Attorney Joshua Prince and I attended the Annual NSSF Import/Export Conference in Washington, D.C. this week. There were a variety of presentations that were given on a variety of topics including: Federal Search Warrants and Regulatory Site Visits, Chemical Facility Anti-Terrorism Standards, Foreign Military Sales, ATF Panel Discussion, and Round Table Discussions (the best part in my opinion) on Day 1. On Day 2’s agenda is Prohibited and Embargoed Countries, DDTC Presentation on Information Technology, and a presentation from DDTC on Licensing and Agreements.
As most of our readers are more concerned with up-to-date statistics and information from ATF, this blog article will only address those and information learned at the Round Table Discussions.
Sitting on the ATF Panel giving updates were: Marvin Richardson (Assistant Director, Enforcement Programs and Services), Curtis Gilbert (Deputy Assistant Director Enforcement Program and Services), Andrew Graham (Deputy Assistant Director Industry Operations), Earl Griffith (Chief of the Firearms Ammunition Technology Division), Alphonso Hughes (Division Chief, National Firearms Act Division), Gary Taylor (Firearms and Explosives Services Division), Andrew Lange (Division Chief of the Office of Regulatory Affairs), and Krissy Carlson (Division Chief of the Firearms and Explosives Industry Enforcement Programs and Services).
Andy Graham stated that there are currently 791 Industry Operations Investigators (IOIs) not including the administrative staff. In 2018 they hope to add 48 more. There are two classes, one in February and one in July.
There are currently ~1,100 firearm importers and ~230 destructive device importers. There are about 162 active inspections occurring with regard to those licensees.
Office of Regulatory Affairs
Andrew Lange announced regulations.atf.gov, a website that had the most up to date regulations pertaining to ATF. The website is actually the first government website that I’ve perused that was functional and useful! The information is pulled directly from the Federal Register, so if ATF implements a final rule, it will automatically update.
The website features the ability to see the history of a particular regulation (so you can see the changes over time) and defined terms are hot linked so they will populate on the right hand side, meaning you can read a provision and see the definition of terms which are defined at the same time (allowing a reader to have better context or understanding). Even cooler is that it links to ruling that were issued. I’m genuinely impressed with the system. If only the eForms system worked as well.
Phase 2 is expected to be rolled out in September of this year.
Firearms Ammunition Technology Division
Earl Griffith introduced the Firearms Ammunition Technology Division or “FATD”. They hired six more firearms enforcement officers who have now completed a significant amount of training (if I recall it was about a year to a year and a half, I didn’t write down the length of time), bringing the total to twelve. They are responsible for the evaluation of samples sent to FATD.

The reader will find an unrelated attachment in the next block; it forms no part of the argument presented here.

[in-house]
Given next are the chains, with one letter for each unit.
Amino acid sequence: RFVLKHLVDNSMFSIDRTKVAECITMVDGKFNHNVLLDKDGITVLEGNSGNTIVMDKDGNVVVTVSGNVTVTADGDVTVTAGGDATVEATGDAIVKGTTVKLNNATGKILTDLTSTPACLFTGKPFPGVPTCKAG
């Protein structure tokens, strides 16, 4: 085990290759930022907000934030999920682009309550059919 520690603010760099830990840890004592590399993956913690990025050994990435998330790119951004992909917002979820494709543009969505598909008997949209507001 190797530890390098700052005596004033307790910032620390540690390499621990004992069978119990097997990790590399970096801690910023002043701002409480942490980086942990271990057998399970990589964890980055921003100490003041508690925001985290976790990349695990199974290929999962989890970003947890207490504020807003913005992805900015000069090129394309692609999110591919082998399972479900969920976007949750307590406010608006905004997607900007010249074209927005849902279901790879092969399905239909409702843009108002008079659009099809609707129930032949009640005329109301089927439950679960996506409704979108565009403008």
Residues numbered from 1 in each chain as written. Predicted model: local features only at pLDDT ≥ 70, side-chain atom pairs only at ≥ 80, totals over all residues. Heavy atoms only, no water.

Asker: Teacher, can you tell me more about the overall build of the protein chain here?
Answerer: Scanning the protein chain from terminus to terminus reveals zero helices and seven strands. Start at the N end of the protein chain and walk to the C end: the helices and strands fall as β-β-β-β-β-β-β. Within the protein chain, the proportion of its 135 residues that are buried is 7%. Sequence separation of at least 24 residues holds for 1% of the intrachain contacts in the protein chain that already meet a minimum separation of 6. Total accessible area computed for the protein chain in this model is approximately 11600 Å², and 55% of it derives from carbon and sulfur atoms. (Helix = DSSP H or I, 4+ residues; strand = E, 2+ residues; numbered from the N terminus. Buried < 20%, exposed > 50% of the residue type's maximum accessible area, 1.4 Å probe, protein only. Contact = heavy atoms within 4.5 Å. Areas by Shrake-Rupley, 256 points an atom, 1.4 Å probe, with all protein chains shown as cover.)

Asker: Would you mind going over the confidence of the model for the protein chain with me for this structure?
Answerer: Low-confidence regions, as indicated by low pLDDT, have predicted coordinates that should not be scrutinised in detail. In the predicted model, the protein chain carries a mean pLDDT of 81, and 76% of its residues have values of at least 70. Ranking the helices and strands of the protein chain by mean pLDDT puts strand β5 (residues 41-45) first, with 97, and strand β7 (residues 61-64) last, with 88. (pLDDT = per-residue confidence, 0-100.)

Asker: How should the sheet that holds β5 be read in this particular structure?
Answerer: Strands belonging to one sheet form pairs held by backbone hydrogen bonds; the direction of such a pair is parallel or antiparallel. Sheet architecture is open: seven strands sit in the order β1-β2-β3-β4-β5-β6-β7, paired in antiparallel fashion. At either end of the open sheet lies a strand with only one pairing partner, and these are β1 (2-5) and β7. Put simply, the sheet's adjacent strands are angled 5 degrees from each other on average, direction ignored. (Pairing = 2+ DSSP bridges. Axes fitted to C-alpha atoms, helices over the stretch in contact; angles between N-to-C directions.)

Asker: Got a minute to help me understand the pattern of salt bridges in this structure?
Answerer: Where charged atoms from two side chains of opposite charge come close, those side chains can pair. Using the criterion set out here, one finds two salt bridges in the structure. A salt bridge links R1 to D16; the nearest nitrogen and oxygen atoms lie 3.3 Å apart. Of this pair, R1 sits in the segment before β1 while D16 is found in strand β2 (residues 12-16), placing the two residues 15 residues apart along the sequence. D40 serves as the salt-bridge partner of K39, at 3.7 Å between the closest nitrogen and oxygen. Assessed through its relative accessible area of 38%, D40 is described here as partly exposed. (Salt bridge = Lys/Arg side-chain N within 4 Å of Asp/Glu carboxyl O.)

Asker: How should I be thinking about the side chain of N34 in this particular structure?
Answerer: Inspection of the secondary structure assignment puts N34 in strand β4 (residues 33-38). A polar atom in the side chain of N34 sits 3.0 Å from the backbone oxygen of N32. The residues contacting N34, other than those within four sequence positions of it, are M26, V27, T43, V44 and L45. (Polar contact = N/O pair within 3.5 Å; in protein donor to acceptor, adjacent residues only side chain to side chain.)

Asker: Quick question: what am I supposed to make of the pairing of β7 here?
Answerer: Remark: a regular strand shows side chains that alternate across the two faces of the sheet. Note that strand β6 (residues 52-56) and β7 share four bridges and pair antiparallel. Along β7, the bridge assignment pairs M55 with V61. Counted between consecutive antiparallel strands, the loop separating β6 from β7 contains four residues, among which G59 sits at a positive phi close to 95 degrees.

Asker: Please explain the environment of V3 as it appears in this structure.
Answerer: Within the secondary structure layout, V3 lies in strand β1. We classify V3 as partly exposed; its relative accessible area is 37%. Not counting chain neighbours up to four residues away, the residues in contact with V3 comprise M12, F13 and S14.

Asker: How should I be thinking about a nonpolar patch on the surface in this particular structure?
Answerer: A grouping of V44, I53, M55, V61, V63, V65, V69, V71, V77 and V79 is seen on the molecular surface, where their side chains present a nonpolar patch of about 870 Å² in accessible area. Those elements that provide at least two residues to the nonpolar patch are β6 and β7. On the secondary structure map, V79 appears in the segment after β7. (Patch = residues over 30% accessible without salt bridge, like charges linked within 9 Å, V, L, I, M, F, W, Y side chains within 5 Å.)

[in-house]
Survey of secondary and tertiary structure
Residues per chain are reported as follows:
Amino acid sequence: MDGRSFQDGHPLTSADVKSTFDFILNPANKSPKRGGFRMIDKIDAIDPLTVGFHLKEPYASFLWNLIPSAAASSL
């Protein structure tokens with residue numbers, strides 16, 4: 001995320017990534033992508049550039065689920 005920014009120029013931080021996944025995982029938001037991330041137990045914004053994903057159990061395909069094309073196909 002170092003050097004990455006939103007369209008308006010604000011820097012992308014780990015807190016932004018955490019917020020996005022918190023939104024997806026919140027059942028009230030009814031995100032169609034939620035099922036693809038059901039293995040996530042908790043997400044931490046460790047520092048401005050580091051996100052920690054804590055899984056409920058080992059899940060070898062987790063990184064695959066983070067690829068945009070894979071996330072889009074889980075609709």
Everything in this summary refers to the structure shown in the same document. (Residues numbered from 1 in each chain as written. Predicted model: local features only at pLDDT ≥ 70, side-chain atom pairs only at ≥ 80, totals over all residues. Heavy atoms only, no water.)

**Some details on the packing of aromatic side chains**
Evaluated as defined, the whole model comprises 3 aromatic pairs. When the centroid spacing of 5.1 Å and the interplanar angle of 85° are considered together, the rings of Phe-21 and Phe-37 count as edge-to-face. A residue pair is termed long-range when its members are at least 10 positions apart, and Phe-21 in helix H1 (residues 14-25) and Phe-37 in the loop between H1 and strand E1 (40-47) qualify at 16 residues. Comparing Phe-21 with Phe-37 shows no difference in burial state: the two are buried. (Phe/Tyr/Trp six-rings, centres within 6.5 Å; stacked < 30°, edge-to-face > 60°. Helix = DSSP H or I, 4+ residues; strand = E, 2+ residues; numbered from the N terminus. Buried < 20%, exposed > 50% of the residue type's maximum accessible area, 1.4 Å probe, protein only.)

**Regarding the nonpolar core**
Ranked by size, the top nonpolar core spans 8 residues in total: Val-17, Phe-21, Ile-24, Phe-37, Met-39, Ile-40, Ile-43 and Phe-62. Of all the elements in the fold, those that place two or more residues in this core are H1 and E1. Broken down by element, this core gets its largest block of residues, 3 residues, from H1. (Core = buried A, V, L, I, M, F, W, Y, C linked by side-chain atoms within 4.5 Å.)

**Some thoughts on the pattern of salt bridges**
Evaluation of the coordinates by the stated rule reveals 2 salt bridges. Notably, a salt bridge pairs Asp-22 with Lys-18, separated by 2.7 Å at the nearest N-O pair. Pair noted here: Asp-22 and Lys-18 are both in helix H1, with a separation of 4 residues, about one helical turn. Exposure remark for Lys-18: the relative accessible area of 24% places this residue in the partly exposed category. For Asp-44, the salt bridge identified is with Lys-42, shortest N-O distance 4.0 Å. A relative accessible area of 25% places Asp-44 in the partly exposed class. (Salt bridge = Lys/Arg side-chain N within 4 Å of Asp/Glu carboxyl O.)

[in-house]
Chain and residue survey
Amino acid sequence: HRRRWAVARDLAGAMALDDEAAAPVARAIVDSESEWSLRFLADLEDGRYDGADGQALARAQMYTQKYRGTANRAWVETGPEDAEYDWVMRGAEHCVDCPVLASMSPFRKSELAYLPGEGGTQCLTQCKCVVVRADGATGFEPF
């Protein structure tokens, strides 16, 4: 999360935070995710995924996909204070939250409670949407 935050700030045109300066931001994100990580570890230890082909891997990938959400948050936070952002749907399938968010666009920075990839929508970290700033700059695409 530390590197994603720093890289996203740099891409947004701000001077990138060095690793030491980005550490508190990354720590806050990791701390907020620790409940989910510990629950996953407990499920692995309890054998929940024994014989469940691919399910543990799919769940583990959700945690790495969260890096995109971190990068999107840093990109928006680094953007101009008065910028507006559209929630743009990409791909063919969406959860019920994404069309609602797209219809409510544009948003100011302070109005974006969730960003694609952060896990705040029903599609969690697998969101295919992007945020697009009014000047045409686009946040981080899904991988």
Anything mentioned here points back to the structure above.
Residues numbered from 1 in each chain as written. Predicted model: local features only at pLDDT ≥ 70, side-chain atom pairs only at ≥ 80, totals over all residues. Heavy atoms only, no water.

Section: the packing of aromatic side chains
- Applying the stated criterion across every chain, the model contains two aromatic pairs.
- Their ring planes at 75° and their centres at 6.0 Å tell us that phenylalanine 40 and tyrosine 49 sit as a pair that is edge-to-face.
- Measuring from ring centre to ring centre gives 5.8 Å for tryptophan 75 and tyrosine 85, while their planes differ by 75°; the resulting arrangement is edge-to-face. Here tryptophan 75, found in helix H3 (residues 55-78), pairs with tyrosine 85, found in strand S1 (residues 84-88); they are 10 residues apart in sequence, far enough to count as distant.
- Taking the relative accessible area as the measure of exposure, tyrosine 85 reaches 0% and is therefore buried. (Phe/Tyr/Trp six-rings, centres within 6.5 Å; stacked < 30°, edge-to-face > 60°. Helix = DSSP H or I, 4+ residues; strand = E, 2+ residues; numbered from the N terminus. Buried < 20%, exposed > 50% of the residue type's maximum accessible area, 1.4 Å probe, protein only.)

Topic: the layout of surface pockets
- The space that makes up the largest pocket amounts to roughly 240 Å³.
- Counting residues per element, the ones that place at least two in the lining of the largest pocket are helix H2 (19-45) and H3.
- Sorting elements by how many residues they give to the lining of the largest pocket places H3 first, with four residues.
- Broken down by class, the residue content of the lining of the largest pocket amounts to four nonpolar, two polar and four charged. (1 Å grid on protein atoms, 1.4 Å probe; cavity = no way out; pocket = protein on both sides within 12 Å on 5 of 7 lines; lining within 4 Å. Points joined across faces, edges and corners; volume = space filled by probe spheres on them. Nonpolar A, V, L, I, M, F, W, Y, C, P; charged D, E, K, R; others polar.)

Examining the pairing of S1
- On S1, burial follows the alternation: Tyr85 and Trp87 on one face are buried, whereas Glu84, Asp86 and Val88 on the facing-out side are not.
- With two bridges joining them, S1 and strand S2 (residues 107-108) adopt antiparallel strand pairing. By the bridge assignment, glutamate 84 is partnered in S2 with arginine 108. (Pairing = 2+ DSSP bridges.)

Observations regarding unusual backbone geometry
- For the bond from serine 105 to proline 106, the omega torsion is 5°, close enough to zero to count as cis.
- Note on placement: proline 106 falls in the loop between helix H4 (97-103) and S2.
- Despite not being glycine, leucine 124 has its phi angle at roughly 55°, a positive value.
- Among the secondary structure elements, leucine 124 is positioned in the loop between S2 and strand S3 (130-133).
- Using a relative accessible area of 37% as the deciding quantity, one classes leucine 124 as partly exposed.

Currently, FATD is running about 30-90 days on most evaluations. They have currently issued about 800 marking variances which are taking about 30 days to issue. So far this year there have been about 250 product evaluations.
As was published in the most recent ATF FFL Newsletter, the NFA Branch has been transformed into the National Firearms Act Division, which became effective April 3, 2017. The Division will be led by Division Chief Alphonso Hughes, the previous Chief of the Firearms and Explosives Services Division. The new division, consists of two branches – the Industry Processing Branch (IPB), dealing with industry and the Government Support Branch (GSB) dealing with government related matters.
Alphonso stated that the NFA Division was going to undergo a full evaluation of the internal business processes in the first quarter of 2018. It would involve outside eyes looking in.
The former 2-3 month time period for application data entry has now been reduced to ~72 hours. For those with access to eForms…use them. eForms result in faster turnaround on approvals. While they can’t auto approve at this point, they are automating as much as possible. Form 2-3s are hovering around 10 days or under (eForms from my understanding).
41F – Everyone’s favorite topic (sarcasm if you couldn’t tell). There were ~280,000 applications received from the announcement of the final rule until it went into effect. That was about a full years worth of applications. They are on the downward slope of pre 41F paperwork.
ATF is working overtime to process these forms. They are currently working 7 days a week to reduce the wait times and are literally working overtime hours to accomplish that goal (up to 20 hours per person in addition to their standard work week).